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Lionel Richie Gives Fellow 'Idol' Judge Luke Bryan a Piano Lesson
Lionel Richie and Luke Bryan attend CMT Artists Of The Year 2013 on Dec. 3, 2013 in Nashville
"All you need to do is find four chords."
That's the advice that newly minted American Idol judge Lionel Richie gives fellow new judge Luke Bryan during a quick backstage piano lesson during the first auditions for the upcoming reboot of the reality series. In a clip posted on Instagram, Katy Perry, who rounds out the show's panel, leans on the piano and admires both Bryan's playing and Richie's advice.
Although the judges haven't known each other personally for that long, it appears they're already becoming close friends. Bryan has covered some of Richie's tunes in concert -- and they've even performed live together -- so it's no surprise to see them bonding over a basic piano lesson.
'American Idol' Reboot Judges Katy Perry, Luke Bryan & Lionel Richie Talk 'Dream Team,' Las Vegas Shootings on 'GMA'
The new American Idol judges panel made their first public appearance on Wednesday morning (Oct. 4), sitting down with the Good Morning America gang to talk about their chemistry, the audition process and their thoughts on Sunday night's (Oct. 1) tragic shooting at the Route 91 Harvest festival in Las Vegas.
"This is the dream team," Katy Perry, wearing a sparkly, multi-colored striped dress told hosts Robin Roberts and Michael Strahan. "I think there is still talent out there to be discovered. I mean, we live in the age of the Internet. The music industry is constantly changing, it's in flux right now. I think there are still stars, and diamonds in the rough. I think the great American dream, we can revive that in a way and show people that if they have the talent, if they work really hard and if we can give them that lucky star and hte combination of those three things maybe we can give them kind of like a little platform to just shine... we're here to really make dreams come true and to hopefully find that American Idol."
As it to prove their instant connection, Lionel Richie, 68, joked, "it's as if we've been in school together for the last 40 years... excuse me, I should say 20 years." Perry, 32, acknowledged that the trio had just spent their first day together on Tuesday (Oct. 3), but they are already "locked in. I think there's such incredible mutual respect and knows their different wheelhouses."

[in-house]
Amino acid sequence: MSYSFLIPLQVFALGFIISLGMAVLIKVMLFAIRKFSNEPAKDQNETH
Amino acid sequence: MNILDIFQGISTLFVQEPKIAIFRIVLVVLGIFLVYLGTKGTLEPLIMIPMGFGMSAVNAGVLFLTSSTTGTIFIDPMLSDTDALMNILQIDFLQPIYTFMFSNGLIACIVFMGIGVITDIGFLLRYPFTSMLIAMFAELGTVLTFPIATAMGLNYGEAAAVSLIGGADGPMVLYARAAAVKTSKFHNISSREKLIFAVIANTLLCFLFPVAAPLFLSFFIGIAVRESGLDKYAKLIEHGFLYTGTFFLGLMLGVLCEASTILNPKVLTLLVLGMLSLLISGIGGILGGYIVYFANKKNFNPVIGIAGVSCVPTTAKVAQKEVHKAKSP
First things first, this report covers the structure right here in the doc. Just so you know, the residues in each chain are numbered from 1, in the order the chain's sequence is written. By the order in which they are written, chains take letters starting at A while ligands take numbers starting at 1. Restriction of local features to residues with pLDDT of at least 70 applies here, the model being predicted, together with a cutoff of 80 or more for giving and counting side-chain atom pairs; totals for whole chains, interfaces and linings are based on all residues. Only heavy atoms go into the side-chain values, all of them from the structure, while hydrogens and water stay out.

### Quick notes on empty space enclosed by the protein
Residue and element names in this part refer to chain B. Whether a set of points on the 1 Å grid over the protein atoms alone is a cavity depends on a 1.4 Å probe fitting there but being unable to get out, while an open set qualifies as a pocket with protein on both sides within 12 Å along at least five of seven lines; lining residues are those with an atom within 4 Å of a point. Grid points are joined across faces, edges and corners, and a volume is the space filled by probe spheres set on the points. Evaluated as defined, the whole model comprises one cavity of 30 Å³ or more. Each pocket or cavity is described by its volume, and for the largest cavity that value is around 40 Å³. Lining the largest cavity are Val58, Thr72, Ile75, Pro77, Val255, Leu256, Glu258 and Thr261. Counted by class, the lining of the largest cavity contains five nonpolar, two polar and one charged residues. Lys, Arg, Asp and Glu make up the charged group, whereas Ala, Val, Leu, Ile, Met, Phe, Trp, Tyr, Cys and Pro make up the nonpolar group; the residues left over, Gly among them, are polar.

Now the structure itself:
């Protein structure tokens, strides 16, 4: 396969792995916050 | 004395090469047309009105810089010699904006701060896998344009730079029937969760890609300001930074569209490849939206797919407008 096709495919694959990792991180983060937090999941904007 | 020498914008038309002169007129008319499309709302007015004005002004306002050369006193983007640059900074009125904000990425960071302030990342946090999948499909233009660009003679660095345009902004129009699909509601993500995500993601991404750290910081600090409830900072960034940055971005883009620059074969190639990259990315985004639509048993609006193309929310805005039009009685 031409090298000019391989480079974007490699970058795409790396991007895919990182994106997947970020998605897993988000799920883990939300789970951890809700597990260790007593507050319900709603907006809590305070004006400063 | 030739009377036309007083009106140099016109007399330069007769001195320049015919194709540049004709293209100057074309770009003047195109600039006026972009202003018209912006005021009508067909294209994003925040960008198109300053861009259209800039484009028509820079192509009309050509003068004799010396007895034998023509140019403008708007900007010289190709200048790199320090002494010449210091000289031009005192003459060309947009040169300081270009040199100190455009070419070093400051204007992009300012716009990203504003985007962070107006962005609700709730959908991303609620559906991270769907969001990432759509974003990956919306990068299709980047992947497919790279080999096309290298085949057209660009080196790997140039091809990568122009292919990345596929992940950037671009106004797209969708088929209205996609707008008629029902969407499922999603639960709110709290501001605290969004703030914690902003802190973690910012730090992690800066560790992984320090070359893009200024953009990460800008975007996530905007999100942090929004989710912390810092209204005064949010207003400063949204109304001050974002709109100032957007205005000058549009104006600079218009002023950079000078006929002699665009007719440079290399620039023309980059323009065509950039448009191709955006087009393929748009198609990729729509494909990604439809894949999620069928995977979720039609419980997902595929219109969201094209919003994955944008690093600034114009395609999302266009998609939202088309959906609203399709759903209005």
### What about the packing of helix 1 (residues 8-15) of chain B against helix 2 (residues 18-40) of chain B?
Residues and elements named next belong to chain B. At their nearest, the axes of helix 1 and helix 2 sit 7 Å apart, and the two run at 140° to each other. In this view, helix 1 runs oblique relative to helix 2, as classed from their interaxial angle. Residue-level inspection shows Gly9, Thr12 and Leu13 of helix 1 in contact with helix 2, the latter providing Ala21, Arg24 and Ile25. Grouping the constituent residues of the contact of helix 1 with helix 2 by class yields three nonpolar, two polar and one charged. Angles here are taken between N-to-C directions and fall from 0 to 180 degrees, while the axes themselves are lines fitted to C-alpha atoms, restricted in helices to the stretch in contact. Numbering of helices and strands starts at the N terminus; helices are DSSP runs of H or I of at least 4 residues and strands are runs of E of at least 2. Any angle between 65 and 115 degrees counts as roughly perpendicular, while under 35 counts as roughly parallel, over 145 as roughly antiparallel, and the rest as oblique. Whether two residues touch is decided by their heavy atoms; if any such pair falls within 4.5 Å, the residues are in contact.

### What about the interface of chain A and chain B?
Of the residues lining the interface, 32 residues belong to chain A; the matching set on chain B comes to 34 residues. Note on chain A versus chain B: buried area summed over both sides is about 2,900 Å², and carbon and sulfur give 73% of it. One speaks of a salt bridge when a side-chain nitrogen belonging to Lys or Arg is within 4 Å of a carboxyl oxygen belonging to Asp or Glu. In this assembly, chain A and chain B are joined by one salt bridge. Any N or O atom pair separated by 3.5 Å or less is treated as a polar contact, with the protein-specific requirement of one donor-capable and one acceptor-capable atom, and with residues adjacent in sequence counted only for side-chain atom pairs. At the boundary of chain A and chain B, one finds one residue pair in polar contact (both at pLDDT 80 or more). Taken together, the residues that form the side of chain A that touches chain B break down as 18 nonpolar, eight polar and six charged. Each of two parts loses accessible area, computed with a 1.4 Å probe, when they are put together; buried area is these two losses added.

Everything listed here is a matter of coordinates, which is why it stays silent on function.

After a decades-long career in the music business, Richie said what he brings to the table is all that experience, while fellow judge Luke Bryan, 41, suggested the trio are just trying to do their best to find talent and figure out if the people they are choosing will be able to handle the rigors of fame on ABC's 2018 reboot of the former Fox network hit. "Some of these artists don't understand you don't get to choose your sleep schedule, the business does," he said. "It's amazing the confidence this new generation has," Richie added. "What's coming down the pipe is going to be quite exciting."
The trio also shared their thoughts on the Route 91 shooting, with Richie calling Sunday's assault the "worst nightmare" for a performer and Bryan talking about his pal, Jason Aldean, who was on stage during the attack. "It was one of the most heartbreaking days of my life, and for this country," Bryan said. "Hearing one of your best friends shaken up like that, knowing they'll never be able to un-see these things, you get lumps and you get nauseated. Katy and I and Lionel talked about it, and there's gotta be something we can do, from the mental health issue to all of the issues that are causing these things."
None of the new Idol judges used the term "gun control," a hot-button term in the wake of the calls for reforms to the nation's gun laws after the latest mass shooting, but Perry -- who dedicated a few moments to remember the victims at her show in New York on Monday night -- added that although she prays every day, praying without acting is powerless.
"Everybody feels like their heart has been ripped out of their chests... We need to take an unfortunate good, hard look at what our rules and our boundaries are with gun reform," she said. "No one's saying 'take away you guns,' but we don't necessarily need assault rifles. We need a good hard look at gun reform and the hands that theses guns are being placed in... I get really sick to my stomach with everyone sending their condolences and then going back to selfie-ing. And doing their regular stuff. That is not enough. When is it going to be enough?"